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Would you like to stay warm in the winter???

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  • Would you like to stay warm in the winter???

    My college has heaters in our indoor arena. They are a life saver in the new England winters. They don't heat the air, just the people / horses underneath it. We get by with thin turtle necks or long sleeved tee shirts when it is 0 F. degrees out and snowing!

    So this is the question. How much extra would you pay to board or come and use an arena like this in the winter?

    Would it decrease the amount of cancellations that instructors have during the winter months?

    What if you could tack up and bathe under these as well?

    The only downside is that horses need to be body clipped. The amount clipped depends on the horse. Thin Arabian type coats usually don't need anything clipped, but on the flip side some of the big warmbloods need full clips, face and all just because they sweat so much.

  • #2
    How much would we pay to trailer into the indoor is a very different question from how much would we pay to board at a facility with such an indoor.

    For the former question. I wouldn't trailer in because in the winter, it's hard to get the trailer out of the snow/mud/etc. The body clipping may be a problem for some people depending on how they keep their horses at their home barn.

    For the latter question. I would have to know what board is elsewhere and how your place compares. What are your stalls like? Is there a resident trainer? Can my trainer come? Are there restrictions on riding times because it is a college barn?

    Personally, I wouldn't pay any more than a barn with a regular indoor, but I would pay more than a barn that had no indoor.

    Comment


    • #3
      I wouldn't pay premium to board there, and I wouldn't trailer in. I'd definitely audit clinics, or take lessons on a quality schoolmaster there, however.

      Our horses get as much turnout as possible, all winter long. And we're not messing with blanketing, so we're not clipping. Clipping to be able for me to ride in just a t-neck all winter? Not worth it to me.

      So I'll come visit, and I'll ride your horses, but you'll have to have other regular paying customers subsidizing your energy bills!

      Comment


      • #4
        I wouldn't pay anything extra and, in fact, would probably try to avoid such places. Sure it's nice for me but having to go to shows where it would be much colder inside just isn't any fun. I also like to turn out all year long and though he does wear a blanket he overheats easily and takes off his blanket So he does grow a coat and I'm not clipping him.

        Also, depending on the temperature I don't notice a difference. I know a trainer that keeps her barn set at about 50 in the winter (average temperature outside hovers between 20-30) but with doors opening and closing all the time and other things the barn doesn't feel any warmer to me so I DEFINITELY wouldn't pay more to board there.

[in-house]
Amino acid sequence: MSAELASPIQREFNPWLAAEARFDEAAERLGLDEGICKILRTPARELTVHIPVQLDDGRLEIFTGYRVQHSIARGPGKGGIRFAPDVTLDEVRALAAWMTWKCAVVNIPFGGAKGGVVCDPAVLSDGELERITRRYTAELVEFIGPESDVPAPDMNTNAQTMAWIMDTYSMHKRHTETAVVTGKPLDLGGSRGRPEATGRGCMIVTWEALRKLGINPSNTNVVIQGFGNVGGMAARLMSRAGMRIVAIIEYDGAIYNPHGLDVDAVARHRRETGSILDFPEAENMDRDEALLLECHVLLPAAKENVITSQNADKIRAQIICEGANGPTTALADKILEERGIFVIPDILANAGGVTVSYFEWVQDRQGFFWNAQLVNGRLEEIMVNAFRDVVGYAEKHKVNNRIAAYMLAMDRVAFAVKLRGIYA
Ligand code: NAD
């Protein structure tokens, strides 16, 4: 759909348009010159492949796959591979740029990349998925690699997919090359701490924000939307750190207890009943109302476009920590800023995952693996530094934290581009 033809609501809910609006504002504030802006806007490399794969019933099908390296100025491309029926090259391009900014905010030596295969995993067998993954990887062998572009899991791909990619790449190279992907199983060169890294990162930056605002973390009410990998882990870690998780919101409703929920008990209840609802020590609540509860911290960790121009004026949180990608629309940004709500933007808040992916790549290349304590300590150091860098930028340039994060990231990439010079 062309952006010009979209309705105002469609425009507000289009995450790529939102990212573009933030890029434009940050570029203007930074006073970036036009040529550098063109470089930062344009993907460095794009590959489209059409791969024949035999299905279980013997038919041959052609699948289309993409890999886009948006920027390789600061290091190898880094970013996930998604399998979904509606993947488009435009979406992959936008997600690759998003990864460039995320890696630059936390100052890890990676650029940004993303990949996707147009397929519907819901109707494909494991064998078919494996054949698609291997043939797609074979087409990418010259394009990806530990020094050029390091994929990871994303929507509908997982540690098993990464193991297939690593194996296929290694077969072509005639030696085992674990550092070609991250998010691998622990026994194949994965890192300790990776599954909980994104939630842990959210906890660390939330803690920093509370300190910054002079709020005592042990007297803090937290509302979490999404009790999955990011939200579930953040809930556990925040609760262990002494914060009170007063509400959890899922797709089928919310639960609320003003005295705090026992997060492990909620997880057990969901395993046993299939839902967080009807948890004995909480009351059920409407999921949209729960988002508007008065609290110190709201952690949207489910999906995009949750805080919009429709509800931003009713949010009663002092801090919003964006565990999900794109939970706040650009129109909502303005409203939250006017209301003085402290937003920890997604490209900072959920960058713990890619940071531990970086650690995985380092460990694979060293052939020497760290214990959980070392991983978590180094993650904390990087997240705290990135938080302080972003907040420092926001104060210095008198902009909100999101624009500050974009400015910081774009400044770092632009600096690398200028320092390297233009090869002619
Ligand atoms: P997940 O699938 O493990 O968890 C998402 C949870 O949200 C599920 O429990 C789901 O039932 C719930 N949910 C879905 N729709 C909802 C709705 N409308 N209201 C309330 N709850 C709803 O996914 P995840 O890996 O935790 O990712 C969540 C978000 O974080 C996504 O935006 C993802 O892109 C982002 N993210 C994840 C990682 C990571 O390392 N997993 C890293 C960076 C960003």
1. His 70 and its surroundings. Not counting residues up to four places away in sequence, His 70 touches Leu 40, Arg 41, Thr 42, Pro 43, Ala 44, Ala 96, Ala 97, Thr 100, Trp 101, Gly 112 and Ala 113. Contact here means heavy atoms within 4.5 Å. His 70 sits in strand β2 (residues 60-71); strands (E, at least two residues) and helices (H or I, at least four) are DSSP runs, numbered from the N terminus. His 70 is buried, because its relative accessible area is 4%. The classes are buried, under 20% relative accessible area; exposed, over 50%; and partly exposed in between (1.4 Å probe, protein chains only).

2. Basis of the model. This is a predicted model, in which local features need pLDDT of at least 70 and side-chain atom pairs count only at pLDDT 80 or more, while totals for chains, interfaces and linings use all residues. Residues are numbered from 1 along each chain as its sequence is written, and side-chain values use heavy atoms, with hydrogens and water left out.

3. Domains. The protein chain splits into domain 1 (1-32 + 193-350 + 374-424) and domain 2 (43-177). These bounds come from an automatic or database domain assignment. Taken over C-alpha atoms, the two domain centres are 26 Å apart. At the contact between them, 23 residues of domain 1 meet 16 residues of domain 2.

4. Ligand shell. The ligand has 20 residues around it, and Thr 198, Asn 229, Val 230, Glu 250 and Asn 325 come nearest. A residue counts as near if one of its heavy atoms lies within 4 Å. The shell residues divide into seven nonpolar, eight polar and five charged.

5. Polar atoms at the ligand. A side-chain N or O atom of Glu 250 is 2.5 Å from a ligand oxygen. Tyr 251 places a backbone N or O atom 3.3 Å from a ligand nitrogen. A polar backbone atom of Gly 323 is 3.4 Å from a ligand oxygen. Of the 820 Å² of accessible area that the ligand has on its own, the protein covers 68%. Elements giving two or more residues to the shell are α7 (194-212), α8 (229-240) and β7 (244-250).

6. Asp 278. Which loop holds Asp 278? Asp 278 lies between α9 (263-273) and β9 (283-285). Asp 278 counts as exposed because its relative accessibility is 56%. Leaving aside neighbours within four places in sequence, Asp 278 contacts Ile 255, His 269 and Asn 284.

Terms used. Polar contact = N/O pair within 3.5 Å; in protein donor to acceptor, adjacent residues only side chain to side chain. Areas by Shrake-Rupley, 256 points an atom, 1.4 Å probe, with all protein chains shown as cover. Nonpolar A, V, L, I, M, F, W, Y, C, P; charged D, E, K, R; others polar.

Now to have a barn that's air conditioned...
        No hour of life is wasted that is spent in the saddle. ~Winston Churchill
        For Hope, For Strength, For Life-Delta Gamma
        www.etsy.com/shop/joiedevivrecrafts Custom Wreaths and Other Decorations

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        • #5
          Agree with the previous poster, I'd probably avoid a barn like that. 0F isn't cold anyways!
          Tell a Gelding. Ask a Stallion. Discuss it with a Mare... Pray if it's a Pony!

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          • Original Poster

            #6
            Just a thought

            This is just a theoretical question. I don't have my own barn and the college barn rarely allows outside horses. They have small paddocks for turnout only. So the blanketing issue is less of an issue.

            I guess if I ever have my own barn I will just pay for the cost myself, or just moving south might just me cheaper.

            Comment


            • #7
              I think there are quite a few barns in Alberta that have heated indoors; I know of at least one in Ontario that has a strip of infrared heaters up the centre of the indoor.

              Although it doesn't get crazy cold here (usually), my barn has heaters to keep the pipes from freezing.

              I think a lot of people who keep their horses in heavy work all winter clip any ways. There's nothing worse than aver heated horse on a cold day!
              "Adulthood? You're playing with ponies. That is, like, every 9 year old girl's dream. Adulthood?? You're rocking the HELL out of grade 6, girl."

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              • #8
                Although I used to lesson somewhere with a heated barn/indoor, and it was rather pleasant for me, I wouldn't have boarded there, for some of the reasons previous posters have mentioned. For whatever reason, although I've owned horses for years and I do ride frequently in the winter, I'm a complete idiot when it comes to blanketing. Other than my "emergency" blanket (which got used once in the past 15 years), and a couple of good coolers, I don't own them, don't use them, and the temperature changes would just be too hard on my horses. Besides, I'm a little chubby and out of shape myself, so It's good for me to walk my horse around with a cooler for a good long while